Wolfenstein: Youngblood seemed like a weird direction for the series when it was first announced at E3 2018. A few decades ago, the series was hailed as one of the original FPS games alongside DOOM and Quake, but it has now shifted to being a more story-driven experience with lengthy single-player campaigns that make you feel the grit and gore first-hand.
The game takes place 19 years after the events of the previous game, Wolfenstein: The New Colossus, in which you play as one of BJ Blazkowicz’s two daughters: Jess and Soph. Things kick off shortly after BJ disappears, prompting a good old-fashioned rescue mission.
Surprisingly, the first 10 minutes or so of my roughly 45-minute long preview session was all a cutscene. While technically not entirely required, you’re really gonna’ want to have played the last two games to follow what’s going on here.
You’re introduced to the characters as they’re training with their father, learning how to hunt, fight, and shoot for survival. This is a very dark and dangerous world, and it’s the only life these young women have ever known, so seeing some real humanity behind the characters before it turns into a Nazi murdering simulator was nice to see.
I’m still not sure I like either daughter very much, though. I can’t remember which one is which since they’re twins with different hair colors and frankly sound almost identical. The blonde is first seen hitting a punching bag to train while the dark-haired one is hunting with BJ. They bicker and tease each other like siblings, fostering a real sense of camaraderie, but at times, the tongue-in-cheek humor felt a bit over-the-top.
Since I’m not sure exactly how the story picks up from the last one just yet, it’s hard to nail down the setting exactly, but it seems like some areas of the world are still under Nazi control while others have been liberated. The sisters are being trained as Nazi-killing machines, which does imply at least a large faction of Nazis are still out there doing Nazi things.
The Blazkowicz Sisters
In the last two Wolfenstein games, BJ was a mostly silent and extremely stoic, serious hero that clashed directly with the game’s often bombastic tone. It resulted in some almost accidental comedy through pure contrast, but now that the main characters share that same attitude and literally giggle about things going on, I found it a bit distracting. That being said, had I been playing with a friend I knew rather than another random journalist, I may have had more fun with it.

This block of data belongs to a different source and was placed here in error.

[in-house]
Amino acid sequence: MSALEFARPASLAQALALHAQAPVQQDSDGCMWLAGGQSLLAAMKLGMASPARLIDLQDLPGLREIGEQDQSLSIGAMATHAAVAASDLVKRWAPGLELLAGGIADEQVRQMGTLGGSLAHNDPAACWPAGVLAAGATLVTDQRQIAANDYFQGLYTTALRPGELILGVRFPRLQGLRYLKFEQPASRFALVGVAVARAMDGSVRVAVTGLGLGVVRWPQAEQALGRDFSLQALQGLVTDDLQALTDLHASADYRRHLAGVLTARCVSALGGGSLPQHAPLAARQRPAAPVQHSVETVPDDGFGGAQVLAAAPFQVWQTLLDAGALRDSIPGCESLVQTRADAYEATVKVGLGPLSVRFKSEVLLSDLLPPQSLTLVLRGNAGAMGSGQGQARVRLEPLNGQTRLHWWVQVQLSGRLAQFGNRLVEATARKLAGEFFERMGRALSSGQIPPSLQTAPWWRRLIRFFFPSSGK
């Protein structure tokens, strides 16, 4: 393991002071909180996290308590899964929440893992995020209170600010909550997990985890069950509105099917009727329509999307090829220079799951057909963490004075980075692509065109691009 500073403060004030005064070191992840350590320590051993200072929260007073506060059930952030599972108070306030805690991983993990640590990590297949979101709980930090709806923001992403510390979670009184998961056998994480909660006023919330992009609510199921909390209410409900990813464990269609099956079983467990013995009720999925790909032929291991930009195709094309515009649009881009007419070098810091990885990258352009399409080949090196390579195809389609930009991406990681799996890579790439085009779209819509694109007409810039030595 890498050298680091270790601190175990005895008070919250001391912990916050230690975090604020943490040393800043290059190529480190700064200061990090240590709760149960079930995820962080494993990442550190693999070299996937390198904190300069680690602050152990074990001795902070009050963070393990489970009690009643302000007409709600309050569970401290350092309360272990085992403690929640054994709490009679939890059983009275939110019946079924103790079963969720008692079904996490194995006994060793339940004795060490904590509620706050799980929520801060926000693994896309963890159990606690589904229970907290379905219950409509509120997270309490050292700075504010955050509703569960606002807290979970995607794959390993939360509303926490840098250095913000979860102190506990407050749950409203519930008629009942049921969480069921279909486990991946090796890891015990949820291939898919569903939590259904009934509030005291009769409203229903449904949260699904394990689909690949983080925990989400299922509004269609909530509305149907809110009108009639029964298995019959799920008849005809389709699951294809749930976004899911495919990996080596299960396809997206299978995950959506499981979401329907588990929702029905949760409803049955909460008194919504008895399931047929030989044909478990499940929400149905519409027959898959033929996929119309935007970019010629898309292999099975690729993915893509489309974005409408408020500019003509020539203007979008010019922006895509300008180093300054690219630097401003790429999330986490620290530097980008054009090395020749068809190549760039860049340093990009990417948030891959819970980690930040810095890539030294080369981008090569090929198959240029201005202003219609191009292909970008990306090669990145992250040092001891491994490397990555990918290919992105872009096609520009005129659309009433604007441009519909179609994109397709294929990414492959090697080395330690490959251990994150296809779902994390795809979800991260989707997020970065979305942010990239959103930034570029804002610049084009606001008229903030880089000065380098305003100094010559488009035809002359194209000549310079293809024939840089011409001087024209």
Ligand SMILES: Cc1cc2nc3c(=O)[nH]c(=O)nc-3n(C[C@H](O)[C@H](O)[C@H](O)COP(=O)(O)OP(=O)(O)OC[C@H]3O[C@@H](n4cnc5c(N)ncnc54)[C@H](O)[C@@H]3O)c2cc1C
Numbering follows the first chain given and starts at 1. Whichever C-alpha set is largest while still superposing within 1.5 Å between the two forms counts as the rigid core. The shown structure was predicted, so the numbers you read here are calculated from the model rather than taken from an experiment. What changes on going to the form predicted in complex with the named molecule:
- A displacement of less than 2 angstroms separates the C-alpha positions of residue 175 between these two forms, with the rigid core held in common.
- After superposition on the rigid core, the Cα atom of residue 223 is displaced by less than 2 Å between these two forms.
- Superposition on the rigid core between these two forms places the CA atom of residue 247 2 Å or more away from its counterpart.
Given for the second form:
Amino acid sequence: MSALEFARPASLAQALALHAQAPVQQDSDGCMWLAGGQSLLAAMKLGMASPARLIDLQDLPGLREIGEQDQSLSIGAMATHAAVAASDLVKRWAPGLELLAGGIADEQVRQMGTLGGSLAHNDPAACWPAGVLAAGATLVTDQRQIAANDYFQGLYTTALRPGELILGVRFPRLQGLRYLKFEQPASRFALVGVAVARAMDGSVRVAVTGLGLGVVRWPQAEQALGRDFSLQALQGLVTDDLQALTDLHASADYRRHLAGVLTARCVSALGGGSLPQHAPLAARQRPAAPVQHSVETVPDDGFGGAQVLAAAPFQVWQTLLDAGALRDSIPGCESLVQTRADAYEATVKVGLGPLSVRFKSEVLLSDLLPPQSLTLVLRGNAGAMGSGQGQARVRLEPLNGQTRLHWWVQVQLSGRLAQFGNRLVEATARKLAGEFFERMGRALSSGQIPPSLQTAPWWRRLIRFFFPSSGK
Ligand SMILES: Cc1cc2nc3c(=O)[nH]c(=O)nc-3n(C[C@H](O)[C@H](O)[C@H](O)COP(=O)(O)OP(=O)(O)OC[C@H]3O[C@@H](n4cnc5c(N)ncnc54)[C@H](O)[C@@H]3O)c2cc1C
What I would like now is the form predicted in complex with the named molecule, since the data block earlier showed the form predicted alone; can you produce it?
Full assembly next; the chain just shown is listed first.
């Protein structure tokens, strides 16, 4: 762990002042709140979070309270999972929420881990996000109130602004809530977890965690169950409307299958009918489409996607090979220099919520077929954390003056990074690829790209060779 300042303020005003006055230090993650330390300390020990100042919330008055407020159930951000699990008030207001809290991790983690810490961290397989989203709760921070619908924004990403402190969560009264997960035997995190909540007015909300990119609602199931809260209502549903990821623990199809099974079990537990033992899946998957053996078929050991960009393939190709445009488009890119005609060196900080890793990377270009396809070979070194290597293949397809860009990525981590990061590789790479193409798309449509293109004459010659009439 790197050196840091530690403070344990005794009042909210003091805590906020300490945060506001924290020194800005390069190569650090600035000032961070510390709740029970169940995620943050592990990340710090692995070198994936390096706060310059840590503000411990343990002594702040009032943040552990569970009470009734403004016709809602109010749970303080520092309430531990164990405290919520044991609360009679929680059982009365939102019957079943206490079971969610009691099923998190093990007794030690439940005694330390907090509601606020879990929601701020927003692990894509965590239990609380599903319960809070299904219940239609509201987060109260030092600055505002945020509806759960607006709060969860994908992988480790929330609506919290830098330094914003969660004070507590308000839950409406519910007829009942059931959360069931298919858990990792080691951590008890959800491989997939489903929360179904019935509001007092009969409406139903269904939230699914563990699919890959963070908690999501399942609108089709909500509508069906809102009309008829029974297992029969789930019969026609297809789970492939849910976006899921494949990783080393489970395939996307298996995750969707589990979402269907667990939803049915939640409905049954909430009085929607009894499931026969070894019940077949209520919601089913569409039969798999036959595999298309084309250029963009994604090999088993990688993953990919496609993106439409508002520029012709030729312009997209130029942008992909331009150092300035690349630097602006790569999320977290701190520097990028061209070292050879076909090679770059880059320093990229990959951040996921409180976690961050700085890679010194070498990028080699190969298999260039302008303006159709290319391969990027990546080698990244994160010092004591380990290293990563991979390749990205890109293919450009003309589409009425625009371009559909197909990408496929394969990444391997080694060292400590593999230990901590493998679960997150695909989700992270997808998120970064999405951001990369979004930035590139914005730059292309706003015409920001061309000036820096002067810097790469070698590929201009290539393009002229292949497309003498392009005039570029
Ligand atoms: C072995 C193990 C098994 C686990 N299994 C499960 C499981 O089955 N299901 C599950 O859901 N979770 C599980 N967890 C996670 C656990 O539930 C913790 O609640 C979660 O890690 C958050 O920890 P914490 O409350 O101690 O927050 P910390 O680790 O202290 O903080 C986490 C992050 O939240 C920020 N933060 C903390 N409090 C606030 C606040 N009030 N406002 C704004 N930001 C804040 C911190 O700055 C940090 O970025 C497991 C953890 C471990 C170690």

Luckily, the gameplay more than makes up for it. It’s much faster than I expected with liberal sprint uses, a double jump, wall jumps, and a really nifty slide that made zipping under cover extremely fluid.
Since I only played as one of the sisters, I could be wrong here, but I didn’t really notice a big difference between the two. I’m also not sure how it will play as a single-player game, but I’d imagine your sister will just be an AI-controlled companion in that case since the entire game and story are heavily focused on the duo traveling together.
There was a great variety of weapons on display from shotguns and pistols to SMGs and assault rifles. They all felt great and had different recoil patterns to get used to.
One thing I really appreciated is that Wolfenstein: Youngblood seems to be a good bit more challenging than the previous two games. Rather than just mowing through enemies as you run from the start of a mission to the end, we actually had to strategize about how to approach areas that were full of enemies. Lots of armored goons showed up as road blocks, and we often needed to split up to divide and conquer.
There was a lot of variety in the types of weapons that enemies used, such as the massive flame attacks from the big guys and the medium-sized shotgun guards. The boss fight at the end of the first mission we tried required a few tries before we were actually able to take him down. Mobility was key since he could easily take one of us out in a matter of seconds.
The freedom of movement was a huge part of the gameplay, and it makes for quite the spectacle. Double-jumping through the air, climbing up onto platforms, sliding across the floor, and switching weapons on the fly was really intense and felt almost like a Respawn shooter moreso than it did a Wolfenstein game.
I’m still not sure how Wolfenstein: Youngblood will translate for single-player gamers, but it was a blast in co-op. If you’ve got a buddy to play it with, this looks like a great option for Nazi killing fun.
Wolfenstein: Youngblood releases very soon, next month, on July 26 for PC, PS4, Xbox One, and Switch.
For more E3 coverage, check the links below:
- Square Enix Showcase Recap
- Nintendo E3 Direct Recap
- Ubisoft Showcase Recap
- PC Gaming Show Highlights
- Microsoft Showcase Recap
- Bethesda Showcase Recap
- More E3 2019 Coverage